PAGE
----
PayPal is the faster, safer way to send money, make an online payment, receive money or set up a merchant account. On the other hand, eBay is one of the reliable online market places that provides consumer-to-consumer sales services. These two companies teamed up to do something big, but now PayPal is splitting with eBay.
PayPal emerged as an early leader in the online payment space in the late 1990s by solving the nascent problem of fast, secure transactions on the web. More recently it — well, technically eBay—acquired Braintree, giving it a sizable foothold in the fast-growing world of mobile and in-app payments. And it has consistently been the most widely used service among consumers in the still-young market for digital wallets. A study found that PayPal was the brand consumers preferred, with six times the usage of the second-place service, Google Wallet.
But PayPal’s stellar growth wasn’t reflected in eBay’s stock price, which has vastly underperformed its peers. That meant PayPal had fewer resources with which to compete. Activist investor Carl Icahn advised to break up the relationship, highlighting that there was tremendous market value in PayPal that couldn’t be realized while it was inside eBay. But the relationship between PayPal and eBay still lasted. And now it seems that Icahn planted a seed which, along with recent events, finally prompted eBay’s board to approve the split.
Now PayPal has decided to come out from under the eBay umbrella to form its own, publicly-traded company. The move follows a strategic review conducted by eBay, Inc. and its Board of Directors, and is intended to help both businesses grow faster in their respective markets.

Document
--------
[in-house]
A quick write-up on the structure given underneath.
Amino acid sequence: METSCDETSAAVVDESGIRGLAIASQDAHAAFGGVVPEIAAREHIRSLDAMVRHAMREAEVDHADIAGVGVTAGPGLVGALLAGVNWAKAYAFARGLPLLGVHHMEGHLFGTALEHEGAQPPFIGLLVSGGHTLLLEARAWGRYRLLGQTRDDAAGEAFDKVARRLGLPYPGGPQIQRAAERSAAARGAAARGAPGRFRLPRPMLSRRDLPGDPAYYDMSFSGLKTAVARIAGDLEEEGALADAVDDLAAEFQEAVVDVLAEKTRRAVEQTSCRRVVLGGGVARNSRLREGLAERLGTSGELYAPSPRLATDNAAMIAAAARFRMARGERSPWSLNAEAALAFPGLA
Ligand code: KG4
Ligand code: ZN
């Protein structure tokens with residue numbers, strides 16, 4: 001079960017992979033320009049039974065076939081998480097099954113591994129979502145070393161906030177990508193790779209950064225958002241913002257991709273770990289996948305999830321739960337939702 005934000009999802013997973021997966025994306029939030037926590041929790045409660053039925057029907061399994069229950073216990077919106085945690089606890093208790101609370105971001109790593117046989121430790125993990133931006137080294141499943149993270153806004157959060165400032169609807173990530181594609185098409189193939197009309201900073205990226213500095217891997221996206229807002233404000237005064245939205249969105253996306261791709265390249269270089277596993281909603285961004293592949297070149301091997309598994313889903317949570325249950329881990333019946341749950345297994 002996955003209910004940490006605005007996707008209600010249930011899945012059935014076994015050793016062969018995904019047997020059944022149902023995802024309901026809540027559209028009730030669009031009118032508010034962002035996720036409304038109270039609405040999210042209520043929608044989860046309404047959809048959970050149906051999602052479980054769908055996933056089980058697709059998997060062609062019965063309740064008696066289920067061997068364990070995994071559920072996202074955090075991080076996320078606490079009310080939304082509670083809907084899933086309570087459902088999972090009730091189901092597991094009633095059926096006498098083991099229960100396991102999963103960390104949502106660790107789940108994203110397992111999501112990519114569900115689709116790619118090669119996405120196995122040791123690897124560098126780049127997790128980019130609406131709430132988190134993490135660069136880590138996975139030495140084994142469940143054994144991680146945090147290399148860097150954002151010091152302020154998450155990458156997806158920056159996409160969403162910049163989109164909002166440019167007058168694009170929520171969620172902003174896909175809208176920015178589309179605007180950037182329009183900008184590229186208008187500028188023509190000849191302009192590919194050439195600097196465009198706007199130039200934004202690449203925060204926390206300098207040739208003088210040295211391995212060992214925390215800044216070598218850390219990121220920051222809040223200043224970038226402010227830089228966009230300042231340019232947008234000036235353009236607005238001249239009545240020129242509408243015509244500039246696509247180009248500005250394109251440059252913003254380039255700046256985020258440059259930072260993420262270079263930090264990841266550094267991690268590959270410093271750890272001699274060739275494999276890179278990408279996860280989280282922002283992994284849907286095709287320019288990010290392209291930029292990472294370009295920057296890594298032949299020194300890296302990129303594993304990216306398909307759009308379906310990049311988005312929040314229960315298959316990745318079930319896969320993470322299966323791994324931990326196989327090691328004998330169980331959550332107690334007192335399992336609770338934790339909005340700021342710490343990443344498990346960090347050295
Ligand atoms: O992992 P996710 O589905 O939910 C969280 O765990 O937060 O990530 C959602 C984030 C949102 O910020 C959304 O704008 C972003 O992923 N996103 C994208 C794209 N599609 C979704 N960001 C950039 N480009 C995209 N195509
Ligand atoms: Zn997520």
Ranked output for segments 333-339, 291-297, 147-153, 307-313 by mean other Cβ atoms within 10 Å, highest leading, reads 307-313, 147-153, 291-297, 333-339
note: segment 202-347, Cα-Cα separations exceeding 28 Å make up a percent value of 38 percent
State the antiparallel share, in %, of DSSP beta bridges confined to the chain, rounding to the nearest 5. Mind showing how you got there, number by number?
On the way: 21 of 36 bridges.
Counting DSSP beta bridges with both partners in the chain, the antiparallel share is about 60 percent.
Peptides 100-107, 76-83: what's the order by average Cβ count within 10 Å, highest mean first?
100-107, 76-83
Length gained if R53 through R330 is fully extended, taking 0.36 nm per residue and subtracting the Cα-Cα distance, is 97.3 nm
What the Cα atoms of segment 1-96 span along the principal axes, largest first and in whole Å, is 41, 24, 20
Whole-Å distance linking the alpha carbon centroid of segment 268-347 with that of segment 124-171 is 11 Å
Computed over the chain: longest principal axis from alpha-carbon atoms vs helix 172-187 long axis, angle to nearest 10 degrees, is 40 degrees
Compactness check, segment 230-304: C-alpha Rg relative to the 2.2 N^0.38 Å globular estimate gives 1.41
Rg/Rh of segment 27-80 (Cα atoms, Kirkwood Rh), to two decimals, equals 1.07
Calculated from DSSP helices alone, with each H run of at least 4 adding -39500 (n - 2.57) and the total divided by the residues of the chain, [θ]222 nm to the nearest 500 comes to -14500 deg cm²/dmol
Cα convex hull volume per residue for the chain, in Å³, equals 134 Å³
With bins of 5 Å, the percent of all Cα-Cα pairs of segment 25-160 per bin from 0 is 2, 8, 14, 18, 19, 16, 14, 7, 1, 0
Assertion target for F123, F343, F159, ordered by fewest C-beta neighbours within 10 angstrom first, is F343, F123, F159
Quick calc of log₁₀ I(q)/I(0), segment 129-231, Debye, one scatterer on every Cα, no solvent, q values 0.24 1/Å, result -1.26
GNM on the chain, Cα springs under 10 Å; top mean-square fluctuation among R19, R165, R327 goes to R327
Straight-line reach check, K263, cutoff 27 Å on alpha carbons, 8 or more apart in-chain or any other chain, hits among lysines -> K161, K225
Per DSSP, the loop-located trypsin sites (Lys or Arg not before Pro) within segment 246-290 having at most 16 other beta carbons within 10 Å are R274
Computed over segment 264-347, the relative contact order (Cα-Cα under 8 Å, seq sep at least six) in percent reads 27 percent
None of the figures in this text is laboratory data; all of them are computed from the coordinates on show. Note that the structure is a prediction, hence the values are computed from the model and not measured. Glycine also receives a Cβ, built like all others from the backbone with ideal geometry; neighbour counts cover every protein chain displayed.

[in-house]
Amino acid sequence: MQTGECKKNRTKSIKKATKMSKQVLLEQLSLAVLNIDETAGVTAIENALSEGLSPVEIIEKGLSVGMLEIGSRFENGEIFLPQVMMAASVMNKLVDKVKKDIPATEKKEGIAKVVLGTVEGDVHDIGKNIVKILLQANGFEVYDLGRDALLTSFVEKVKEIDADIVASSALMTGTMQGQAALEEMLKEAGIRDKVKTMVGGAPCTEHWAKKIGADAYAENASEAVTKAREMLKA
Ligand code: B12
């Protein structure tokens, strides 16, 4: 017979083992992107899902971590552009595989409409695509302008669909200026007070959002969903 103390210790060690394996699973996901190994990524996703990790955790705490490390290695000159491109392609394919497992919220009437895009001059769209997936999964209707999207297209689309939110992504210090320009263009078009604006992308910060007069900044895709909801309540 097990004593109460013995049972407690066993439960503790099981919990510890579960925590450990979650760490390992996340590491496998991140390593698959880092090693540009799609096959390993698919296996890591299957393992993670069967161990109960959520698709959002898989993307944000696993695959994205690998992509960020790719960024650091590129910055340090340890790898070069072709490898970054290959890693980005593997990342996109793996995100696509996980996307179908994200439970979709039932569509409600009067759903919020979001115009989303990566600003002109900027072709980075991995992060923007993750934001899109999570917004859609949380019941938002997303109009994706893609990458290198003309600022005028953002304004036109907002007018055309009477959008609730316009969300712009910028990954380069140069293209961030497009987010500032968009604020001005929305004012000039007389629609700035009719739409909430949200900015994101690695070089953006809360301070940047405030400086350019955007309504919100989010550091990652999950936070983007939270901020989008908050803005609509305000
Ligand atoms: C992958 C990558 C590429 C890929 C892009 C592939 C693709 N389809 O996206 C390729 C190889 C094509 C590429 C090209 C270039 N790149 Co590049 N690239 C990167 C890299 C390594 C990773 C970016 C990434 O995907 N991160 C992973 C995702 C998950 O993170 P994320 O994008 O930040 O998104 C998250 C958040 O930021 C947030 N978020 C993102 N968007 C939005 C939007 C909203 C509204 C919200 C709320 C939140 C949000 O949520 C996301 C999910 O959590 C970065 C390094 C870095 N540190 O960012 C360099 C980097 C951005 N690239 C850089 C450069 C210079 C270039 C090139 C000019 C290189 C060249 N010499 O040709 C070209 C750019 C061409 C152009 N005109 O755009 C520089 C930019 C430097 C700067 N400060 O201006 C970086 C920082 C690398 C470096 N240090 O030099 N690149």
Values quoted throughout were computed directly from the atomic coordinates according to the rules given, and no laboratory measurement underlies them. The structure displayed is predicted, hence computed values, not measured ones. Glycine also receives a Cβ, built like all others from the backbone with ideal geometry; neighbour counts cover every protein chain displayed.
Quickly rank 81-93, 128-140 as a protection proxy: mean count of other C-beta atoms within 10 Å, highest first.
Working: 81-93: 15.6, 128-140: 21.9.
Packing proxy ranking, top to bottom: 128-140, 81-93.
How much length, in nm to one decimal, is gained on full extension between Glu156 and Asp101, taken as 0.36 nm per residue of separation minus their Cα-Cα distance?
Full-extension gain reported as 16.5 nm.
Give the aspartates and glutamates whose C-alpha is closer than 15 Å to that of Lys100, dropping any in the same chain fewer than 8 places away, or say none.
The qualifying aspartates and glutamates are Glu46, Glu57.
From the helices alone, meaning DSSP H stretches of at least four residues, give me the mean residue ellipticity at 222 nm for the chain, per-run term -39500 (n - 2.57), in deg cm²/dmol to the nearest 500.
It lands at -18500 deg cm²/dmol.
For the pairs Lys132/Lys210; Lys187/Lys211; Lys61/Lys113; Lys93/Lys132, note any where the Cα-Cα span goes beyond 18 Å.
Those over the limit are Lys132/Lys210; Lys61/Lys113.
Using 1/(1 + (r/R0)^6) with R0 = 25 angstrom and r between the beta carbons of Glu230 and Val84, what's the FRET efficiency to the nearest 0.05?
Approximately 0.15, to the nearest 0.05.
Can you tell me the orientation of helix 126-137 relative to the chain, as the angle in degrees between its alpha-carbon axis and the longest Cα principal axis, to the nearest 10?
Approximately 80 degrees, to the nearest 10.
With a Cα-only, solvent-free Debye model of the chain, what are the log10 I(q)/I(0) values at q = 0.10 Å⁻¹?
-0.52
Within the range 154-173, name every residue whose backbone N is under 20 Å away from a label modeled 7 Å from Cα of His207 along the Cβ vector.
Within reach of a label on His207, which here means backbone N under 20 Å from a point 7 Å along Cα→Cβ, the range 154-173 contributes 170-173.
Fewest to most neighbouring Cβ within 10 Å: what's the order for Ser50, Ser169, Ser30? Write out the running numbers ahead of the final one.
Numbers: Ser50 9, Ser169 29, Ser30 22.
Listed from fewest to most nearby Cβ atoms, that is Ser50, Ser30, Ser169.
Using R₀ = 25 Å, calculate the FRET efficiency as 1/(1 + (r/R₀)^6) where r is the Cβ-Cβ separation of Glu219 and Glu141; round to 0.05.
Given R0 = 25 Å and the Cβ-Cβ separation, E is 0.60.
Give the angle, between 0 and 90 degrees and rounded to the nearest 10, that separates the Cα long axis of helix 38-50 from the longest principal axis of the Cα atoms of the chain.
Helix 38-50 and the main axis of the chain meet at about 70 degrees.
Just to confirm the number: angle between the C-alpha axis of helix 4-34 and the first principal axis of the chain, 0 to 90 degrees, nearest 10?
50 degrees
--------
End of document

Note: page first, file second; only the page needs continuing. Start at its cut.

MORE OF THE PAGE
John Donahoe, eBay’s (soon-to-be-replaced) president and CEO, said in a statement, “For more than a decade, eBay and PayPal have mutually benefited from being part of one company, creating substantial shareholder value. However, a thorough strategic review with our board shows that keeping eBay and PayPal together beyond 2015 clearly becomes less advantageous to each business strategically and competitively.”
So where does this all leave eBay? Not in a great place. PayPal was the biggest driver of revenue growth at the company and a key part of making the transition from web to mobile. But now, eBay will have to battle Goliaths like Amazon and Alibaba on the strength of its e-commerce alone. The consolation prize for employees is that anyone holding eBay stock is likely to do well in the short term, as the impending PayPal spinoff will likely drive a significant bump in its price until the breakup is complete.